Uber ride-sharing ban in France backed by EU's top court

'Member States may prohibit and punish, as a matter of criminal law, the illegal exercise of transport activities,' without referring decisions to Brussels, rules European Court of Justice
The European Union's top court has dealt another blow to Uber after ruling that member states can ban ride-sharing services without having to notify Brussels first.
The ruling came after France banned the UberPop service, which allowed drivers without a taxi licence to pick up passengers.
French authorities passed the law in 2014, after finding that the service would provide unfair competition to licensed cab drivers.
Read more Uber agrees settlement with family of self-driving car victim A court in Lille later asked the European Court of Justice whether the European Commission should have been notified before the law was passed.
The court said in a statement on Tuesday that “Member States may prohibit and punish, as a matter of criminal law, the illegal exercise of transport a..

Ultimo lingerie brand to cease trading in the UK due to 'extremely challenging' market

The brand launched in 1999 but was sold in 2014
Ultimo, the lingerie brand launched by Baroness Michelle Mone, is to cease trading in the UK due to the current challenging retail market.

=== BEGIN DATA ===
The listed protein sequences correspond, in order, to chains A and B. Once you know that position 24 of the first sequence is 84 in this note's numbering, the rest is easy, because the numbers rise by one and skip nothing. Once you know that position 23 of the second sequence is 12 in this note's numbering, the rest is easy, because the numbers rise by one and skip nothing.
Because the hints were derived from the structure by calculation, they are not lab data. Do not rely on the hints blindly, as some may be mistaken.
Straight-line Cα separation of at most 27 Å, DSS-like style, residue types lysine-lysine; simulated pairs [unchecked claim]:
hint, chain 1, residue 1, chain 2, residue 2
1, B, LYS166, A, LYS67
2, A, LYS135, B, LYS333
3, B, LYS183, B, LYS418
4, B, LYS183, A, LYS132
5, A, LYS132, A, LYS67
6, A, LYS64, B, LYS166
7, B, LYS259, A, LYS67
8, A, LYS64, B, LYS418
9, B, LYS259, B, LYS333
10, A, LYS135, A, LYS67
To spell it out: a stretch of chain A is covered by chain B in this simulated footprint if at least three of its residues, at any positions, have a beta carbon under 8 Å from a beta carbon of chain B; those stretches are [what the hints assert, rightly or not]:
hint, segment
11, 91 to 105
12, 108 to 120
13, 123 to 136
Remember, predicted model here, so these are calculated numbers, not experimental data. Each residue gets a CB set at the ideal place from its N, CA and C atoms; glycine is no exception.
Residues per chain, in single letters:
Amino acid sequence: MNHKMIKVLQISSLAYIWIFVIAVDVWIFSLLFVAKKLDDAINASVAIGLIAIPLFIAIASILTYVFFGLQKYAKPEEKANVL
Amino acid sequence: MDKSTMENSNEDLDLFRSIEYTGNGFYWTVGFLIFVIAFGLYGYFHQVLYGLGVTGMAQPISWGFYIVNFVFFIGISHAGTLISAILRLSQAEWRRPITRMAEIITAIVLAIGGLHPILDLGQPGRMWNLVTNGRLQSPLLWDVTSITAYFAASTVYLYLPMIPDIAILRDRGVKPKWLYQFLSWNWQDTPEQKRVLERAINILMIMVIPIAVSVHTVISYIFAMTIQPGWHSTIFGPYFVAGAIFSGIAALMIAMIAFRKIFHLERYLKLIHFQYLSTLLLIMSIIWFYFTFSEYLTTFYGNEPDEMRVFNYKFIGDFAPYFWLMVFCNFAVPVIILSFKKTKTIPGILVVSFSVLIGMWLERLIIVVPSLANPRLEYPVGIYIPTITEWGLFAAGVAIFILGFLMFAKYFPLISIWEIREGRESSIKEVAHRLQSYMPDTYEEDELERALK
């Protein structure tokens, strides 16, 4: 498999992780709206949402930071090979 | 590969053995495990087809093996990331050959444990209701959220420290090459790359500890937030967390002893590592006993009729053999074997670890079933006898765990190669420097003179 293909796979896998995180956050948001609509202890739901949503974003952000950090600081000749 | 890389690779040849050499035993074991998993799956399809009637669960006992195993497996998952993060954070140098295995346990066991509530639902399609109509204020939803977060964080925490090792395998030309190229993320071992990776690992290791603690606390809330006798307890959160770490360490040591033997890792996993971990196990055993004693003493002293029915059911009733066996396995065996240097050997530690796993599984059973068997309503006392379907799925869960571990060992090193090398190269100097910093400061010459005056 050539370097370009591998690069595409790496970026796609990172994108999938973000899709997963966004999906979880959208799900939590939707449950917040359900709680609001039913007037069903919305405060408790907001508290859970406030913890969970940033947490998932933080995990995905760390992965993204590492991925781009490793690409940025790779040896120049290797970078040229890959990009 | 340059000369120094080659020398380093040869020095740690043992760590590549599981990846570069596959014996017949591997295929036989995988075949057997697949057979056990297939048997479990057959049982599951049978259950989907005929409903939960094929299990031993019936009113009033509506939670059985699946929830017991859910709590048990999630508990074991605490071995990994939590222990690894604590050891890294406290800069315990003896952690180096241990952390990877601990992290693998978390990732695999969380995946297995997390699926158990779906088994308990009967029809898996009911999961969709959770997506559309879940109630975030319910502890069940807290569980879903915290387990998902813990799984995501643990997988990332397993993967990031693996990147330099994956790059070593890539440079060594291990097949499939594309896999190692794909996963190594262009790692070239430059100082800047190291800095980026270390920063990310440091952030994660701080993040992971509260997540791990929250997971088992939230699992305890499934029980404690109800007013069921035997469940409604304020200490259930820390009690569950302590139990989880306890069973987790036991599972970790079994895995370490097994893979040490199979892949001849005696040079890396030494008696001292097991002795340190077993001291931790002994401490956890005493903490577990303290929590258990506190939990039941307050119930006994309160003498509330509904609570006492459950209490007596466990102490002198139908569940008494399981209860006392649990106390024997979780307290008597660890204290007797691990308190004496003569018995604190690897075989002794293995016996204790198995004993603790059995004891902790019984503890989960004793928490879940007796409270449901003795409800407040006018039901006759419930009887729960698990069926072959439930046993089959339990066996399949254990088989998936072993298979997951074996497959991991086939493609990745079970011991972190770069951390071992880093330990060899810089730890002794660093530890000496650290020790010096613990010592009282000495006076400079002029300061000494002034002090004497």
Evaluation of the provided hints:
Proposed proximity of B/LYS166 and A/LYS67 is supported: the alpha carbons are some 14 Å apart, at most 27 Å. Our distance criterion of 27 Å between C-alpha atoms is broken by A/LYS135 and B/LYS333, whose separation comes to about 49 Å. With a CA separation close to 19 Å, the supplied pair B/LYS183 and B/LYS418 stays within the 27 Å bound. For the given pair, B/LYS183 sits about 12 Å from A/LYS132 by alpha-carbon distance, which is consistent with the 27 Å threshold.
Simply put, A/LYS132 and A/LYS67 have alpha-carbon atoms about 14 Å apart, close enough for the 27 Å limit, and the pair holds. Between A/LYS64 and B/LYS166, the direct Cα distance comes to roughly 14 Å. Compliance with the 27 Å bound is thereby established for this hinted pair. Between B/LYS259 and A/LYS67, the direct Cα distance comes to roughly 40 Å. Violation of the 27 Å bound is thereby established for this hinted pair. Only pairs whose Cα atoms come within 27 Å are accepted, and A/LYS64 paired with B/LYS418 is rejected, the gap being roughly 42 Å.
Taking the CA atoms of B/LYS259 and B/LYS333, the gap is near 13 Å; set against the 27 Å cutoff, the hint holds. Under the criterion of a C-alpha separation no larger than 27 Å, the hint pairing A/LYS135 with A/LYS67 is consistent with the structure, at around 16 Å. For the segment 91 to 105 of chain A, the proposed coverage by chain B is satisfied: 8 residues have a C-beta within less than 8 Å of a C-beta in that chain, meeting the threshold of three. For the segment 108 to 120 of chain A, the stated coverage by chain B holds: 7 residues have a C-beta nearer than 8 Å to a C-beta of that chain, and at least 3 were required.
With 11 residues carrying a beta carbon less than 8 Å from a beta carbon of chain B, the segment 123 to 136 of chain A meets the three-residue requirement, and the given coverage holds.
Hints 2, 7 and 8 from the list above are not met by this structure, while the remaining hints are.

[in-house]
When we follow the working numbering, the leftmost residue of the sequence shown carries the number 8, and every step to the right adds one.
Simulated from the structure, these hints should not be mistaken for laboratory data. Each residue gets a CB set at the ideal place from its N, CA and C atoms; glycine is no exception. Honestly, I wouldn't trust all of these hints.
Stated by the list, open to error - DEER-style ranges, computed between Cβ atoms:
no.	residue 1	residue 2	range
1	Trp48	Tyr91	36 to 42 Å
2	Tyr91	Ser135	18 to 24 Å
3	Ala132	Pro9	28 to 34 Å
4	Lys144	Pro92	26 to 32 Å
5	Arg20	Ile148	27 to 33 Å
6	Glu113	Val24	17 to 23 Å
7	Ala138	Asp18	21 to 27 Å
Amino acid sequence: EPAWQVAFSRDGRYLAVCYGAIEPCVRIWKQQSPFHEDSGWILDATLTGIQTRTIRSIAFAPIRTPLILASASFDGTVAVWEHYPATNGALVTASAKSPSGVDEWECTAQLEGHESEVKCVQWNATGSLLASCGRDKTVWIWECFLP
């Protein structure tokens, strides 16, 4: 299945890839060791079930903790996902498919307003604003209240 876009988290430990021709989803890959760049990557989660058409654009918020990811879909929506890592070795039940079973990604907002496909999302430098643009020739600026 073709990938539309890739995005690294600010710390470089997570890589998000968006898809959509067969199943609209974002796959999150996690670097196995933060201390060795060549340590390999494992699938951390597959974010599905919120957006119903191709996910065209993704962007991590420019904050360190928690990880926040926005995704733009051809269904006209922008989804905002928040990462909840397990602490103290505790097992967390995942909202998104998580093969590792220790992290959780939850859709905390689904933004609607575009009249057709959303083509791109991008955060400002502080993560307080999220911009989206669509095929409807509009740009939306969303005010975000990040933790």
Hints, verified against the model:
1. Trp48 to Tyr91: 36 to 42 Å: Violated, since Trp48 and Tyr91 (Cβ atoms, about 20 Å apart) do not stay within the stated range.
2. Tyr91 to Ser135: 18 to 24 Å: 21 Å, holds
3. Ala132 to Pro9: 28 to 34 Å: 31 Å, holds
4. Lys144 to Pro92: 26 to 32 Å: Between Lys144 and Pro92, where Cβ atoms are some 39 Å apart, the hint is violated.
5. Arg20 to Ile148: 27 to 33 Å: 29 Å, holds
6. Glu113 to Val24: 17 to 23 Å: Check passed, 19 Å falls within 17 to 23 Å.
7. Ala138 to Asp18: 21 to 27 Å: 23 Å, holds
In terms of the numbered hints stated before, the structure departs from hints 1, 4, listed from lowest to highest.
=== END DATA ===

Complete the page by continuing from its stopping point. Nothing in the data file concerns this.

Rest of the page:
Staff at Ultimo headquarters in East Kilbride, Scotland, retail partners, suppliers and other key stakeholders were informed of the decision today, and all 11 staff have now begun a formal redundancy consultation period.
Read more How baroness Mone of Mayfair balances business, politics and lingerie A spokesperson for the company said: “The last few years have been extremely challenging for Ultimo, driven by increasing competition in the market and more cautious consumer spending due to the uncertainty surrounding the UK economy over the last 18 months.
“Having reviewed the business’ performance over the last three years as well as future prospects and considering the retail environment within which the business is operating; the board has, with regret, decided to cease operations of the Ultimo ..

Russia's wealthiest oligarchs lose $16bn in the day after US imposes sanctions

Siberian nickel miner Vladimir Potanin saw $2.25bn wiped off his fortune
It was a painful day to be a Russian billionaire. The combined net worth of the country’s wealthiest people fell by $16bn (£11.3bn) on Monday — erasing all of their year-to-year gains — following last week’s US-imposed sanctions.
All but one of the 27 Russian tycoons listed on the Bloomberg Billionaires Index lost money, led by Siberian nickel miner Vladimir Potanin, whose fortune declined $2.25bn.
Lukoil chief executive Vagit Alekperov saw his wealth tumble $1.37bn, while Viktor Vekselberg of Renova Group lost $1.28bn.
Read more Russia stock market crashes after US imposes sanctions on oligarchs ​Vekselberg is one of seven Russian tycoons sanctioned last week by the Trump administration in retaliation for Moscow meddling in the 2016 US presidential election. He took steps on Monday to limit the exposure of his Swiss holdings to the sanctions.
Oleg Deripaska, who was also among those sanctioned, lost $905m..